The love the founder talks about is not something you can learn, this universal Love emerges from sincere human beings when they have rid themselves of everything that prevented it from emerging. Their weaknesses, patronizing attitudes, fears, rigidities, and so many other things. All of us can make our own list. This love emerges from deep within ourselves, sometimes unexpectedly, always because we have let go of some of our prerogatives. It is far from being a culminating point in itself, it cannot be measured, its size is not calculable, so it can grow as our breath deepens, as we enter a little more into what I will call a supplementary dimension: the concrete sensation of ki. Beyond the three dimensions to which we are accustomed, and without entering the fourth dimension of science fiction novels. This dimension which is the physical sensation of ki in all its forms, opens the doors to a finer and more precise perception of the world. A world somehow expanded, a world that we sense and of which we have the key. A world of freedom for us and which extends around us, which sets free all those who want to seek and to be guided by their intuition, their kokoro,6 and their intelligence deep within.
The perception of this dimension seems to me a logical evolution that must derive from the very nature of our practice and so we must direct all our energy in that direction. We must work relentlessly so that our students, and by extension the people around them, should benefit from this discovery.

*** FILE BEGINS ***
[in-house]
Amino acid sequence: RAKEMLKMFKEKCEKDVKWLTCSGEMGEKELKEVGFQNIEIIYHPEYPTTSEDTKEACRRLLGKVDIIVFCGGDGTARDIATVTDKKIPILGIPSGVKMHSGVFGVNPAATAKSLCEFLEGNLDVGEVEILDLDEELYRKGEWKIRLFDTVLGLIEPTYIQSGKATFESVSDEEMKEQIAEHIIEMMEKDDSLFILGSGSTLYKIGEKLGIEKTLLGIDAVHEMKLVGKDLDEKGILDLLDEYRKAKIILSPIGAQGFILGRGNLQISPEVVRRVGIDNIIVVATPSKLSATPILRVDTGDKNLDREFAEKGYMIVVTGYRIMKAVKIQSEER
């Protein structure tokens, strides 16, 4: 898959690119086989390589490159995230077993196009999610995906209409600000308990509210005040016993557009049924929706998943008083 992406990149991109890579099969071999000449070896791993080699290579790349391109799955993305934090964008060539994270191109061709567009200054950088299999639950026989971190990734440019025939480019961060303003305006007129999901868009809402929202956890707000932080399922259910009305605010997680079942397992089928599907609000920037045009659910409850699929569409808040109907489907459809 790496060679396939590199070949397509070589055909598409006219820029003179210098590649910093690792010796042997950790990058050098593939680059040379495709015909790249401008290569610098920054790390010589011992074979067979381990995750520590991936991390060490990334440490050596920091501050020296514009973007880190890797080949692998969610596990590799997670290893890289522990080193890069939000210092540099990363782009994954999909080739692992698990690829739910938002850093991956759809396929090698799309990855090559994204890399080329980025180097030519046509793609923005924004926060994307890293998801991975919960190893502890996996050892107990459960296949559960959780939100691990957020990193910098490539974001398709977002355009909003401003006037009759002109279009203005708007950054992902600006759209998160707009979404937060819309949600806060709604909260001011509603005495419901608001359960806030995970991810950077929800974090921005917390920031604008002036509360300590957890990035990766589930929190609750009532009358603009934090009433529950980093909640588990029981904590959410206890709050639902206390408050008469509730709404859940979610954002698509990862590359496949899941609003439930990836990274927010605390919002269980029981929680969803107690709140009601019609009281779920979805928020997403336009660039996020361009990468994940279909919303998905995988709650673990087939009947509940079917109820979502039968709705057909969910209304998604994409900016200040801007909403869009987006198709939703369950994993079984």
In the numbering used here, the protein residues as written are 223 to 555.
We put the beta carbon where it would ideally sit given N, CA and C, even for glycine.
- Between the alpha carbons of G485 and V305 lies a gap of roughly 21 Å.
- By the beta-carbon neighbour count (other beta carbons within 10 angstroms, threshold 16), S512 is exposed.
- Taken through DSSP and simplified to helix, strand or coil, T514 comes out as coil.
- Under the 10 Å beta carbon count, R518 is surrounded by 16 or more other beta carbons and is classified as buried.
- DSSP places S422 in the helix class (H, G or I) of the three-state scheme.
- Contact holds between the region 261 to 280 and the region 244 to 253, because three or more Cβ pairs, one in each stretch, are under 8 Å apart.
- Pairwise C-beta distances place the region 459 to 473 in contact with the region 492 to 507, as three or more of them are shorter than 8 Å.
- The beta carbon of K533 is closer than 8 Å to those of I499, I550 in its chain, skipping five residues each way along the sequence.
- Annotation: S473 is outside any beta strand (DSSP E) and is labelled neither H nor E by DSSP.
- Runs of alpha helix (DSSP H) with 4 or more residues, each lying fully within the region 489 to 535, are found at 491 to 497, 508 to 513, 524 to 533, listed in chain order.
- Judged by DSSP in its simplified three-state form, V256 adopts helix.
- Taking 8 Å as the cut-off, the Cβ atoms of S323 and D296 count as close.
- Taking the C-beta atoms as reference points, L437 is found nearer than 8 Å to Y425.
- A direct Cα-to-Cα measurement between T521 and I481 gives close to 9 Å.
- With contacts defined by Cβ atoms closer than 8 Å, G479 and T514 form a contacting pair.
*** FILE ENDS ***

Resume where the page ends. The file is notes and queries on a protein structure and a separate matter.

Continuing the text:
Aikido: Olympic sport, art of fighting or relaxation technique?
What is the future of this practice? In spite of its glorious past it seems to be attracting less and less people nowadays. Perhaps the administrative rigidities of the French State have blocked the enthusiasm of the past generations. The schooling of society, already denounced by a philosopher like Ivan Illich7 in the ‘70s, was applied in the teaching of Aikido, with its programs, its exams, its rewards. This idea of progression based on performance has often tired young practitioners, once the enthusiasm of the beginning was gone. Those who have been practicing for a long time and who repeat the same thing over and over again cannot see where they are heading anymore, and sometimes they are disappointed by this art which hasn’t brought them what they thought they had glimpsed at the beginning. Our masters and our forerunners who had met O Sensei, had seen something else in this remarkable man. They knew that Aikido did not come down to a miraculous efficiency you obtained by performing series of techniques faster and faster.